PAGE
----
Some Christians and a number of denominations feel that they have already done all they could possibly do. We are all grateful for that which has been done, but has the bulk of the iceberg been even touched? What is the Church doing to help in the healing process? Has it set up initiatives to help grass-roots people from diverse backgrounds to start accepting each other and understanding the background from which each person comes? Is there a program to help people accept “the other,” to repent of their wrongdoings, to forgive each other, to do restitution? Have our churches changed the way in which clergy are trained?

It is my opinion – and I am not alone in this – that it is the responsibility of the church to urgently do something constructive, realistic and down to earth in order to meet these pressing needs. (For constructive suggestions, see pages 150-155 in Confession & Reconciliation: A Challenge to the Churches in South Africa, Ed. C.W. du Toit, 1998, Research Institute for Theology and Religion, UNISA, Pretoria.)

Without reconciliation, remembering will always be painful …God, in his mercy, created a safe haven for us. It is a place filled with so much compassion and acceptance that we feel safe going in there with our sins, our sorrows and our guilt. Hebrews 4 invites us to approach our sympathetic High Priest with confidence. I John 3 tells us that our hearts condemn us, but that God is greater than our hearts, and Math.11:28 says “Come to me all you who are weary and burdened, and I will give you rest.” The Church should also be such a safe place, so full of love and compassion and humility, so that people will come in and feel free to confess their sins to God and to each other. Perpetrators who confessed at the TRC still had to apply for amnesty. In the Church however, we can be given complete pardon.

For the Perpetrator: There is a perception amongst many that society is more concerned with the rights and the rehabilitation of violent criminals than for the healing of the victims. I do not believe that there are many who have these priorities. Nevertheless, I do believe that criminals, like everybody else, also have their own stories which would make others understand better how they had become what and who they are. If that happened it would not mean at all that their deeds were condoned – only that we understood better, and realized that Christ also died for them, as he did for you and me. Humanly speaking it is impossible to forgive violent criminals.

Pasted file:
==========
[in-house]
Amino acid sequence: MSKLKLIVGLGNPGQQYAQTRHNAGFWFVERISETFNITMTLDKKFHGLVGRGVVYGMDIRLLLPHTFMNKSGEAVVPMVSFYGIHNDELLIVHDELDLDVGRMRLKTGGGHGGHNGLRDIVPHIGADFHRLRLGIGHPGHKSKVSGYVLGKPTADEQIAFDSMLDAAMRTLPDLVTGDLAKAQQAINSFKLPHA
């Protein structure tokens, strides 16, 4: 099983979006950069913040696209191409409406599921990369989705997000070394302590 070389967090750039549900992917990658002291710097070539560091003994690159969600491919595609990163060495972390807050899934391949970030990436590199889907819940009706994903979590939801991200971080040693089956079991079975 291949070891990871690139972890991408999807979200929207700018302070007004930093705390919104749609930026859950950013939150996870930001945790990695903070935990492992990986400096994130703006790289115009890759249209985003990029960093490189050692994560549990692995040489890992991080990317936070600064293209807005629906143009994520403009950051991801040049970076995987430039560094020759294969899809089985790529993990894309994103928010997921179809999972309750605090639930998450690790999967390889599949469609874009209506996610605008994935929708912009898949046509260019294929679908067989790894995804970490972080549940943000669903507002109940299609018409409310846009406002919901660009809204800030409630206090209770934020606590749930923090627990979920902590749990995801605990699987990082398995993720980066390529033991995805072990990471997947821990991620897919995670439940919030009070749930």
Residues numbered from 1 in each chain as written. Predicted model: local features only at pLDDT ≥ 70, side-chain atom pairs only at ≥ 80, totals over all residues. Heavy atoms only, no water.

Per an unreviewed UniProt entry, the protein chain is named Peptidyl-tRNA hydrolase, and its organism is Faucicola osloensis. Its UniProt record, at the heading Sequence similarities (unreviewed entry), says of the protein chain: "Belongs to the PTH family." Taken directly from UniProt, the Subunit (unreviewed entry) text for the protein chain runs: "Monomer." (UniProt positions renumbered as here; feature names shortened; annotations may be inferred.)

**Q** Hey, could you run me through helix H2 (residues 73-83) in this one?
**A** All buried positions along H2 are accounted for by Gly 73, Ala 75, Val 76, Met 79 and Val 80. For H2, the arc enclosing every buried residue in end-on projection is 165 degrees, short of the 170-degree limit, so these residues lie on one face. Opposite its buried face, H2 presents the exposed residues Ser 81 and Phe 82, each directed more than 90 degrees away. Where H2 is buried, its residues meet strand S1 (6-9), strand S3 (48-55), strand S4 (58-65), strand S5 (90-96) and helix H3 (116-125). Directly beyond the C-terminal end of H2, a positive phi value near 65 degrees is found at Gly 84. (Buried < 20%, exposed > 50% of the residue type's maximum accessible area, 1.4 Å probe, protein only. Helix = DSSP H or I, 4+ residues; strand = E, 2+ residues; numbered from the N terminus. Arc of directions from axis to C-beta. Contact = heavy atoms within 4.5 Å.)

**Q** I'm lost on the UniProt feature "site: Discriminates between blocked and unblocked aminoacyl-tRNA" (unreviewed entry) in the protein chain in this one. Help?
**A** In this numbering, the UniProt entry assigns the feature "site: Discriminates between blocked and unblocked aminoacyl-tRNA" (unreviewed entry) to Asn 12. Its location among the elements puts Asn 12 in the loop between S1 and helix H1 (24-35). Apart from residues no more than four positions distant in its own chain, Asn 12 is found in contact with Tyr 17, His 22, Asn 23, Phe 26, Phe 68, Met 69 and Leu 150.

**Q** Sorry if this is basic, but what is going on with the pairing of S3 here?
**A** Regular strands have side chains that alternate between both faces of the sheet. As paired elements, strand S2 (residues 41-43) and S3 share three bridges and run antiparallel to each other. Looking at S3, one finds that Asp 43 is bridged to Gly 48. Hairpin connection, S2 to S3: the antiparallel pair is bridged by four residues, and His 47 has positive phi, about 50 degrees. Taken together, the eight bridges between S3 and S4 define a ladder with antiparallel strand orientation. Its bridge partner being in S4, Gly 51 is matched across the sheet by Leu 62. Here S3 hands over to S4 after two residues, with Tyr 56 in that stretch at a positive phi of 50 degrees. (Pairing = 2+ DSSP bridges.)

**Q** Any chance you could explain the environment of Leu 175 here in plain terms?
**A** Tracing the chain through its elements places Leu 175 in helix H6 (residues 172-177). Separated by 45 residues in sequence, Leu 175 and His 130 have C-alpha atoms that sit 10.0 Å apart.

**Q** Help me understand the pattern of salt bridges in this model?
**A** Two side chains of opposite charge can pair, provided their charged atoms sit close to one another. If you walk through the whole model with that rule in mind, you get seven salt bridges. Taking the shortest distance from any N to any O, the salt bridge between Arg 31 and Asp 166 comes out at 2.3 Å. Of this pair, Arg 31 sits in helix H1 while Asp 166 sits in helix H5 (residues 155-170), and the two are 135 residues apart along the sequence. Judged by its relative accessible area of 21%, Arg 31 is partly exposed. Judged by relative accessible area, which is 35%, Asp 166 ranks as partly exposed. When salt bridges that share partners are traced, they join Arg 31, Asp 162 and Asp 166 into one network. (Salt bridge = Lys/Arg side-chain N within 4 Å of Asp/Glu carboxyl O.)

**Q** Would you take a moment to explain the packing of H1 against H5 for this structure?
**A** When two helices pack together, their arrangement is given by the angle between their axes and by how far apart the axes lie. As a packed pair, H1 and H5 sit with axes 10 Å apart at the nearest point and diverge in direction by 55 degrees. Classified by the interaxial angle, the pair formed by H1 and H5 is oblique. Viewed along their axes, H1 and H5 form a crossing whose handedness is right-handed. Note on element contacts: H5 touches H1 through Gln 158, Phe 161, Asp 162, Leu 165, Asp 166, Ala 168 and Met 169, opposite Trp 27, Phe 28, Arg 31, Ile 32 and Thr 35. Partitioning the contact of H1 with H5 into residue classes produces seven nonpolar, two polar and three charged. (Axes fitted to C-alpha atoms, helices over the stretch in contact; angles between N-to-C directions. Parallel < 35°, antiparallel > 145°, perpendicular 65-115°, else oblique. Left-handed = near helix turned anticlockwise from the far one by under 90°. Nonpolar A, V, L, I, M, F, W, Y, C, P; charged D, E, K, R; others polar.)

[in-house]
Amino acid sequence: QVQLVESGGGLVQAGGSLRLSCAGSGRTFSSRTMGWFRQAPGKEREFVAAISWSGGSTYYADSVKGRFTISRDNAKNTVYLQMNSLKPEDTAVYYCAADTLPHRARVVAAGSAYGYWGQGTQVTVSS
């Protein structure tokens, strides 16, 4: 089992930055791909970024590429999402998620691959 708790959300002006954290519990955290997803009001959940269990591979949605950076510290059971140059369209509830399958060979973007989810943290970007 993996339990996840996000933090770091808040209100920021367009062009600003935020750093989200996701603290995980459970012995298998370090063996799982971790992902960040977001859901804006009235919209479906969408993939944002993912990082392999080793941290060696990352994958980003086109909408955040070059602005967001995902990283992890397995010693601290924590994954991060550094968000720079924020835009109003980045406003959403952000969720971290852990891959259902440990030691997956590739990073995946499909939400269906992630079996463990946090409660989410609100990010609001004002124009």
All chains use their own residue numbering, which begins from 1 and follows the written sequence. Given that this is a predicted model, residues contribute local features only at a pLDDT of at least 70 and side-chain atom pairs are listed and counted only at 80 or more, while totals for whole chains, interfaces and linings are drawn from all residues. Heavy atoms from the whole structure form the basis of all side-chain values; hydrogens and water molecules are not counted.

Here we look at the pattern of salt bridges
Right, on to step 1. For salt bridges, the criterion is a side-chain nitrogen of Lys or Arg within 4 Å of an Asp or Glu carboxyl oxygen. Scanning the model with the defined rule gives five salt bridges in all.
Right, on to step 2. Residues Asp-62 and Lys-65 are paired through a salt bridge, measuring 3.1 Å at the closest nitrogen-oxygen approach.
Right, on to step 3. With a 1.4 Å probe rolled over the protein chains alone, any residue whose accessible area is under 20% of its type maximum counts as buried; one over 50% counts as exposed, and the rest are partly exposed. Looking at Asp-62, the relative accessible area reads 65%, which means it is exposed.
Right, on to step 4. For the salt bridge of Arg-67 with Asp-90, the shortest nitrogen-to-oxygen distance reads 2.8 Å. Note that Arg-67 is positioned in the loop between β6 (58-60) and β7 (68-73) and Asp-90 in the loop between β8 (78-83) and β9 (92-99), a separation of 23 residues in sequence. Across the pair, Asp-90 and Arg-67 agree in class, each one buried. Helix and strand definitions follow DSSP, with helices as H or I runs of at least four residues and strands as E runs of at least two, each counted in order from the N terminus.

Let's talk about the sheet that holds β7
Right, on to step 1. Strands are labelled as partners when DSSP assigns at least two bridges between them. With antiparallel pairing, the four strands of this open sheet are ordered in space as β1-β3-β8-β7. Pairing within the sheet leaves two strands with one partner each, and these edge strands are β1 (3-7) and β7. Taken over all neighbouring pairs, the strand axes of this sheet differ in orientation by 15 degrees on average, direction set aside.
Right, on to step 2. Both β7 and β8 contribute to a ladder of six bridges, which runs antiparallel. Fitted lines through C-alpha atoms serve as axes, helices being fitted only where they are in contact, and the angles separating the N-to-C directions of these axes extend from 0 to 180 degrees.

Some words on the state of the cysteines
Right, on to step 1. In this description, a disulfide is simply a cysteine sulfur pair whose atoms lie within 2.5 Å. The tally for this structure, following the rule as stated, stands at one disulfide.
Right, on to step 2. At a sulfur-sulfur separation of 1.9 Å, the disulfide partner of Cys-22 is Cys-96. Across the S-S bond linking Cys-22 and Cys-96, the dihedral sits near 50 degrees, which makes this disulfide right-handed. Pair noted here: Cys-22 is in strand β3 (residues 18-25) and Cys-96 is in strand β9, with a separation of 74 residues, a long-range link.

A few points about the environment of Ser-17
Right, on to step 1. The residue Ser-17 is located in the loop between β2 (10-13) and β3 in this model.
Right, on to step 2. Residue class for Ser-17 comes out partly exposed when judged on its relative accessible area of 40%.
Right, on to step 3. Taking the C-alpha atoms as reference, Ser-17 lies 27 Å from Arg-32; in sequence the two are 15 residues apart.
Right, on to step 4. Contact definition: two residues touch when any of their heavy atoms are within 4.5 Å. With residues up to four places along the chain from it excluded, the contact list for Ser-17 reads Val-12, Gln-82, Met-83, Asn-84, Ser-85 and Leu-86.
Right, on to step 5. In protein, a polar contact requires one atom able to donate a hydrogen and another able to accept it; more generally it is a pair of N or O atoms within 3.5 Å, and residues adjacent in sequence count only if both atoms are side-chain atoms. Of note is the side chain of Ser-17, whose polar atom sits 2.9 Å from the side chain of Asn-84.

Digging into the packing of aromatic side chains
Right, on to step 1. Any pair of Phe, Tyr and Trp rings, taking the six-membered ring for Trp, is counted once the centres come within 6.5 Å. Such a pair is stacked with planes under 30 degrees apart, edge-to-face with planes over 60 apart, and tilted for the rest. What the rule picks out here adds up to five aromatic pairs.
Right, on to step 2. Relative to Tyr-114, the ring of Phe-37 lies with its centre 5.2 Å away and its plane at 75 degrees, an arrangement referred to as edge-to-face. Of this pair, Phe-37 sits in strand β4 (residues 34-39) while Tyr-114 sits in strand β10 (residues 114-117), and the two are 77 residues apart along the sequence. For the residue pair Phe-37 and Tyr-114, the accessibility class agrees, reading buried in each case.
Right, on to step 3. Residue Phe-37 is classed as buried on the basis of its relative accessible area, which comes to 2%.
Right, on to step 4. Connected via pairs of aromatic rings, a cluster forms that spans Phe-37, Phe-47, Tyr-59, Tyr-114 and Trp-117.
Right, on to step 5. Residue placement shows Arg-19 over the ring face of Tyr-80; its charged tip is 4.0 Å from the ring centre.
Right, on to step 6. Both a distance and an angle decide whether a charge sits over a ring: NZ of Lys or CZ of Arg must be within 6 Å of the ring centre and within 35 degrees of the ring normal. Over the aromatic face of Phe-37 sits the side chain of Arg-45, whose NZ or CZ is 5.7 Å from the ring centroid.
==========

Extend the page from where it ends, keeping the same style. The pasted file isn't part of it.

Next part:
Nonetheless, our Lord expects us to do so. He wants those who have wronged us personally, or our community, to have that same confidence we are offered in Hebrews 4 – to approach their sympathetic High Priest and to come into the safe haven of the Church to confess their sin. For them it becomes extremely difficult and perplexing at this stage since, suddenly, those who have suffered through their heinous deeds have now become that haven. Repenting makes one intensely vulnerable. You have to tell those who suffered because of you, that you have lived a lie. You have to tell them: “You were not safe with me, but now I am asking you, be my safe haven!”

Many of us shrink from the mere thought of facing those we have abused. For this reason we prefer to try and forget, and to still the voice of our conscience. It is normal to fear rejection. The Gospel goes against our normal reactions of self-preservation – although we then lack the wisdom to know that this is the only way we can be “preserved”. It tells us: “Lay down your life. Take the risk. Open your heart to your brother, your sister.” That, however, is not the natural thing to do. That is why we have to be “born again”. Without being “born from above” it will remain impossible.

For the Victim: What the Gospel expects from the victims is, humanly speaking, completely out of the question. Yet, victims have to have mercy on those who come to them completely defenceless, wanting to lay down their burdens; not because repenting makes them so special, but solely because the victims themselves have been shown compassion by their Father. The victims never stand outside the truth and reconciliation process. In truth they are the centre of the process. If they don’t forgive, then reconciliation becomes impossible. We merely have to remember the parable of the unmerciful servant to know that God punishes the unforgiving. Jesus tells how the heartless servant was thrown into jail, and then he continues: “This is how my heavenly Father will treat each of you unless you forgive your brother from your heart.”

Miroslav Volf calls these safe-houses, these havens of mercy, “communities of embrace.” He says: “The only way to peace is through embrace – that is, after the parties have forgiven and repented, for without forgiveness and repentance embrace is a masquerade… How do we overcome our slippage into exclusion? We need the Spirit who ‘issues from the essential inward community of the triune God, in all the richness of its relationships,’ who lures people into fellowship with the triune God and opens them up for one another and for the whole creation of God.

The Spirit of embrace creates communities of embrace – places where the power of the Exclusion System has been broken and from where the divine energies of embrace can flow, forging rich identities that include the other.” The responsibility of the Church in South Africa today is to make this true! Let us pray for and work for an ongoing miracle – why should miracles be limited to 1994?